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VOL. 126 | NO. 68 | Thursday, April 7, 2011

From Old to New

Real estate veteran focused on selling forgotten warehouses

By Sarah Baker

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This year marks Gene Woods’ 40th year of marketing industrial properties in the Memphis area for Colliers International.

Jeff Biggs of Biggs Wrecking Co., tears apart the old Great Dane Trailer manufacturing facility on Presidents Island with a steel cutter.

(Photo: Lance Murphey)

He recalls a time when he made his living by selling properties – at least once, sometimes twice – in the area of Downtown near Second and South Main streets that have since been converted into housing.

Woods also has memories of Airport Industrial Park, when he either was involved in placing original tenants in the buildings or in putting together deals where the buildings were constructed.

“It’s a deflation to the ego when one of the younger guys in the office says, ‘Look at that old building,’” Woods said. “It’s kind of hard for me to see that it’s that old.”

The industrial real estate veteran has plenty of stories like this. That’s why over the next few months Woods will roll out a blog, ThisOldWareHouseBlog.com, where he can help potential buyers envision a facility that was built for a specific industrial purpose but could be retrofitted for another use.

Sometimes, it comes down to tearing the warehouse down because the underlying land is more valuable than the facility.

Case in point is the former Great Dane Trailer Manufacturing facility on Presidents Island, 1095 Harbor Ave. Developed in 1956, the 12-acre space sits on a heavy manufacturing area that is essentially developed out.

Woods began marketing the property for the Carters, a local Memphis family, in 2006, with the hope that alternative uses could be found for the multi-building facility. Other steel fabricators could have been an ideal fit, for instance.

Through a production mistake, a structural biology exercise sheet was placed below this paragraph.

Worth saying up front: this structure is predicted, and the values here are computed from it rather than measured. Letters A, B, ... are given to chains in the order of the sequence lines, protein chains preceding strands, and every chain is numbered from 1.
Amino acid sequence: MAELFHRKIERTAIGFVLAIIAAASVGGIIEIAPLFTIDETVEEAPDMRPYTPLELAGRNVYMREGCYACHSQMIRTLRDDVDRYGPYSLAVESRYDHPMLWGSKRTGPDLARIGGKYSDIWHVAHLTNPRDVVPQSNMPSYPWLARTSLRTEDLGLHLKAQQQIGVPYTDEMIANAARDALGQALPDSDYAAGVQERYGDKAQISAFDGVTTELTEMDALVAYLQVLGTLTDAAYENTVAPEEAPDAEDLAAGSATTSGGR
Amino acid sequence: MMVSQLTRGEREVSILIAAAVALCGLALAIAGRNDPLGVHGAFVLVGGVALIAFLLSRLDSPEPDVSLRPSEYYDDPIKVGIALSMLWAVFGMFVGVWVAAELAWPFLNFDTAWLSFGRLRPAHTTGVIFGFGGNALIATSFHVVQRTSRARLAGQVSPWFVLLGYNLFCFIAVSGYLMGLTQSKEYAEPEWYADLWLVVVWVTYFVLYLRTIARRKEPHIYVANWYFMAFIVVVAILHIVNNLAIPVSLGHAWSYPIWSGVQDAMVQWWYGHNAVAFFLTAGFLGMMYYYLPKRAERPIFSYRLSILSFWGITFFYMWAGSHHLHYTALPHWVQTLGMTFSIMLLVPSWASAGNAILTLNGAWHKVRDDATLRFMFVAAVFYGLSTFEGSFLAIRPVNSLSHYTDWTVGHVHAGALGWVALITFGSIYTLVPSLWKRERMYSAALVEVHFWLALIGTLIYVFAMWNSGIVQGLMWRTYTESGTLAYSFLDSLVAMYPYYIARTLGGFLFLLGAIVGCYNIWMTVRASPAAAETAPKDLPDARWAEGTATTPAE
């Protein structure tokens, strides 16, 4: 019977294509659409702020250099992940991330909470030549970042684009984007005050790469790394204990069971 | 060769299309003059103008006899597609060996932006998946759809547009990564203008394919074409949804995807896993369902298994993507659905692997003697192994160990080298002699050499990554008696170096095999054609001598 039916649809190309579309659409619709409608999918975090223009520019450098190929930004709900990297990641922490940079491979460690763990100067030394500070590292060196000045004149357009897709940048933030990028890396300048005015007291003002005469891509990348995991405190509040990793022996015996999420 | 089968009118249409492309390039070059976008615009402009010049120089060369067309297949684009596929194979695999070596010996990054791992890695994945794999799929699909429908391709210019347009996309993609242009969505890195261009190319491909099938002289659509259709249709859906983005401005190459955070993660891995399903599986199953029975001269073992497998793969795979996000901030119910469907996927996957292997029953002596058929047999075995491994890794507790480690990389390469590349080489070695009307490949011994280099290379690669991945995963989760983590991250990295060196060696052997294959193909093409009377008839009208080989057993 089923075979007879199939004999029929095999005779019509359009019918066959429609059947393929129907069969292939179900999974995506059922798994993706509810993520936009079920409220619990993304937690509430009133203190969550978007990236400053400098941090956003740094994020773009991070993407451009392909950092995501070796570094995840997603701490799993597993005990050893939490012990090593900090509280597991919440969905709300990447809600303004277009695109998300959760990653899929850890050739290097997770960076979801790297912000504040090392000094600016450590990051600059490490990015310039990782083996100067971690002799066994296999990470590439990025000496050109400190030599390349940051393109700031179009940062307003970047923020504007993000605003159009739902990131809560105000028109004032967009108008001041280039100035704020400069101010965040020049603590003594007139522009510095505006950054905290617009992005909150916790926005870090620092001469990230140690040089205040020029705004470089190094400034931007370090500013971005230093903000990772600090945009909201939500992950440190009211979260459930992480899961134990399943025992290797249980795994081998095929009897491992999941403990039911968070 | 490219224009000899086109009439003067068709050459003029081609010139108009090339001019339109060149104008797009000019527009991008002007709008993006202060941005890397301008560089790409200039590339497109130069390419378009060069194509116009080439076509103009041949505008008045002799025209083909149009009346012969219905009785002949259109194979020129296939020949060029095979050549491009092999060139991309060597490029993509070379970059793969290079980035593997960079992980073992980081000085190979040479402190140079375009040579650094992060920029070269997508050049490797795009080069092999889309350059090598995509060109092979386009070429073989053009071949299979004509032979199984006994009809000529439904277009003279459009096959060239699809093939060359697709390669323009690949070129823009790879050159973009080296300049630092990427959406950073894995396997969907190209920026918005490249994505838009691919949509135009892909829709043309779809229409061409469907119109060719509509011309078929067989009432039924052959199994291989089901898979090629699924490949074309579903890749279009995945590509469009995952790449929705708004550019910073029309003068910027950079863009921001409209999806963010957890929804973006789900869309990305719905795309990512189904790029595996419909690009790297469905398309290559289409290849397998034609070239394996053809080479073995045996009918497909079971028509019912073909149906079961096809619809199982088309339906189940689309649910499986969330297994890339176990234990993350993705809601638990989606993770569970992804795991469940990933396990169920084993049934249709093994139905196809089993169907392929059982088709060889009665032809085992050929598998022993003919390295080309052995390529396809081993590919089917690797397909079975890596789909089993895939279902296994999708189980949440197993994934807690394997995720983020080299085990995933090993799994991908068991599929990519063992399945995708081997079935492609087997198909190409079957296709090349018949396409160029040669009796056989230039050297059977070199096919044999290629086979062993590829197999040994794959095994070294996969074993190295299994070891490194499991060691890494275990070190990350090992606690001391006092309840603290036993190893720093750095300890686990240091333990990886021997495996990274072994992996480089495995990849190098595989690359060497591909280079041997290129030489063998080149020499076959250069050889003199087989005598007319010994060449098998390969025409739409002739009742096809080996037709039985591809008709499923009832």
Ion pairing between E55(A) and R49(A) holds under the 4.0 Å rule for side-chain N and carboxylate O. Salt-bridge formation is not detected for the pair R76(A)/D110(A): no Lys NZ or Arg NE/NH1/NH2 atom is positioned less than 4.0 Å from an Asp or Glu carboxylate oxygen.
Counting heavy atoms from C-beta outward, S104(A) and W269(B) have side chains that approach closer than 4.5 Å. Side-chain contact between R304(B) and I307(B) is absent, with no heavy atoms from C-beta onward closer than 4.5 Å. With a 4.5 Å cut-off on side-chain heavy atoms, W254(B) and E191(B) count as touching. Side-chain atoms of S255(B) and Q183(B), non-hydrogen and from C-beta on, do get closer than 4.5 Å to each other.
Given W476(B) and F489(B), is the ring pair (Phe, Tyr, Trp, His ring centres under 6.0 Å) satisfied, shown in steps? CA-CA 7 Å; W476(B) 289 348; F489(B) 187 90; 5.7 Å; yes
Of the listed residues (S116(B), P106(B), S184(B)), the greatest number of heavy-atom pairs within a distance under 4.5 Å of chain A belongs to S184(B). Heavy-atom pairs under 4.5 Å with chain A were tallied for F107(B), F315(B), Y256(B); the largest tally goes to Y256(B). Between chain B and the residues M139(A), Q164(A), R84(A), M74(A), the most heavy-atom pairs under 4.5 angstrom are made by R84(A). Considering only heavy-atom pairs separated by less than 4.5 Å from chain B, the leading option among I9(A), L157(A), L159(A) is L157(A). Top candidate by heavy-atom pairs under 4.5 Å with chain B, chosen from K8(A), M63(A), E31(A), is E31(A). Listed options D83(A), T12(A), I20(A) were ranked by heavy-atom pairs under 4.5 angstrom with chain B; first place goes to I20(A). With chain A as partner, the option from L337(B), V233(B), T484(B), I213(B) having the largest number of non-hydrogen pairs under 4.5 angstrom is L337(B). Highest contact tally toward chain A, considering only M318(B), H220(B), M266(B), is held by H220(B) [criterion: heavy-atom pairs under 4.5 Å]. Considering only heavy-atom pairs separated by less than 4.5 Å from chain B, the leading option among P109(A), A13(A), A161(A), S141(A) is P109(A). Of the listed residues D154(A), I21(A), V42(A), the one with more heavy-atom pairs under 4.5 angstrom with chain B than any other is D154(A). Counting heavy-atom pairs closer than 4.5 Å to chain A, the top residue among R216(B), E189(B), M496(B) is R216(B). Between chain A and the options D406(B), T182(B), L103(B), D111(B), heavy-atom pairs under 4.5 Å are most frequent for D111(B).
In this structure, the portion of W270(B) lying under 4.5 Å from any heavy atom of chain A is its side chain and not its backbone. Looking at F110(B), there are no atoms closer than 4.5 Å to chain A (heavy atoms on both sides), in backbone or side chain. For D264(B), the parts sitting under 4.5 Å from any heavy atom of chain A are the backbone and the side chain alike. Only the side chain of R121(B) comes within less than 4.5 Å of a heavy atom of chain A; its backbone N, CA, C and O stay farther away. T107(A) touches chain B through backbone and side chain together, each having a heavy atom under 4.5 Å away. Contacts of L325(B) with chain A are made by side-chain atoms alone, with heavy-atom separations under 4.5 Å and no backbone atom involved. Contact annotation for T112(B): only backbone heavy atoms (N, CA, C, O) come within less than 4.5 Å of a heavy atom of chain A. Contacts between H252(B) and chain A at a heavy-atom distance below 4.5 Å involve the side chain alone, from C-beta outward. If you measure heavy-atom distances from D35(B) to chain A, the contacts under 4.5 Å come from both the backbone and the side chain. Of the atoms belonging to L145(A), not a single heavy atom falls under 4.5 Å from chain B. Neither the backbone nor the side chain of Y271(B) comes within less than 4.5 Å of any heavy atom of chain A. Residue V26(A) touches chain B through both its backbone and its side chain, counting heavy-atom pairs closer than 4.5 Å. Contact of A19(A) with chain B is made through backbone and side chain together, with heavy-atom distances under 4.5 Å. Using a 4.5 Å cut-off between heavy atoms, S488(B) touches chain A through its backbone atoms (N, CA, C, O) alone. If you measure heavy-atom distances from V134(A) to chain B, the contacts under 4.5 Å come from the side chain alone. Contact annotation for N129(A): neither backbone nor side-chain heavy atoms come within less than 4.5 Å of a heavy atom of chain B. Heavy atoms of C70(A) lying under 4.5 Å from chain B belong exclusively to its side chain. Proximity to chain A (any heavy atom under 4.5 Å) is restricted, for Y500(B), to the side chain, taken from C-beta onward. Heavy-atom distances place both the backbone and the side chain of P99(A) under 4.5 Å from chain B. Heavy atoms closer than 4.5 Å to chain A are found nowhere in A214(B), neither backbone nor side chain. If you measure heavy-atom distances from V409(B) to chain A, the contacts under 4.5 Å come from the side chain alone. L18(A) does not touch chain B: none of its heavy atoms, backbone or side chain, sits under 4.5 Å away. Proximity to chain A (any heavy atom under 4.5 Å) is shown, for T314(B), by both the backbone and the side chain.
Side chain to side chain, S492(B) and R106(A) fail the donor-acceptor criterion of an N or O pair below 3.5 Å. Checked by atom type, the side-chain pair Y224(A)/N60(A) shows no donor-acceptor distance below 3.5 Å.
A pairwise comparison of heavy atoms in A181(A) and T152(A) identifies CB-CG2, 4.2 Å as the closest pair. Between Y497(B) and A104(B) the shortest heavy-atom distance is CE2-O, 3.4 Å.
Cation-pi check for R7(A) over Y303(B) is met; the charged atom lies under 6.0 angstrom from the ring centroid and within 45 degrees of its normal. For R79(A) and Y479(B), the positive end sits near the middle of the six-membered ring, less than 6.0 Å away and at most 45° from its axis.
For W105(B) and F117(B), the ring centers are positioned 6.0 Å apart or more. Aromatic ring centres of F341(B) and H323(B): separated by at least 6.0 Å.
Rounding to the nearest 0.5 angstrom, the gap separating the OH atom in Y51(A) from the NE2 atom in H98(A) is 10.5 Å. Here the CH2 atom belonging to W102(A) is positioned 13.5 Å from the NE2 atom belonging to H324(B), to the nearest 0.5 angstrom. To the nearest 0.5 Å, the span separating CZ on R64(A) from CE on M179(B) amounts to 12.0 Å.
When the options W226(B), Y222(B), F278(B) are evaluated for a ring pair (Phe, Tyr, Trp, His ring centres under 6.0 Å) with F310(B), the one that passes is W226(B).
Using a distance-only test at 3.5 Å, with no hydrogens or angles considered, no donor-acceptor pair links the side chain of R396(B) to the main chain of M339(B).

Even in booming times, Woods recognized that selling a highly specialized industrial property like the Great Dane facility would be a process. Still, the property had some nibbles early on.

But when the recession hit in 2008, the only ones nibbling were the “copper miners” – thieves who prey on unoccupied facilities, stripping copper from every possible source to resell.

“It became clearer that the buildings had less and less utilitarian value,” Woods said. “The damages done by the copper thieves, that turned out to be substantial monetary damage. Whether I went in there for a full month and turned a light on or not, there were still substantial electrical costs associated with that property.”

What the building did have intact, however, was a significant amount of salvageable steel, something that was attractive to Leonard Biggs of Biggs General Contracting Inc. Biggs agreed to demolish the buildings in return for the scrap steel with no cost to the owners of the property – a win-win for everyone involved.

“It gives me the material for my labor, where it might be a 50 percent savings when you have your material and you don’t have to go buy it new,” Biggs said.

By mid-summer, a dilapidated building will be gone, a considerable amount of scrap metal will have been recycled, and the owners will have a valuable site with a large concrete slab already in place available for sale.

Located near the gateway to Presidents Island, the facility is zoned heavy industrial, and will be immediately ready for construction.

“There are relatively few open, cleaned land sites down there and this is going to create one of the large open land sites right at the area where you first enter Presidents Island,” Woods said.

Moreover, the proximity of the new Electrolux and Mitsubishi Electric Power Products Inc. facilities could possibly make this spot ideal for suppliers and vendors, especially since nearby Frank C. Pidgeon Industrial Park will have about 1,000 acres left after Electrolux builds its facility.

“Some of the sites in Pidgeon may require some infrastructure, while the infrastructure is already there on President’s Island,” Woods said. “If one of the suppliers for either should be looking for a site of about this size, they’ve got a site ready to go.”

PROPERTY SALES 51 328 20,960
MORTGAGES 58 387 24,132
BUILDING PERMITS 170 842 43,435
BANKRUPTCIES 50 288 13,468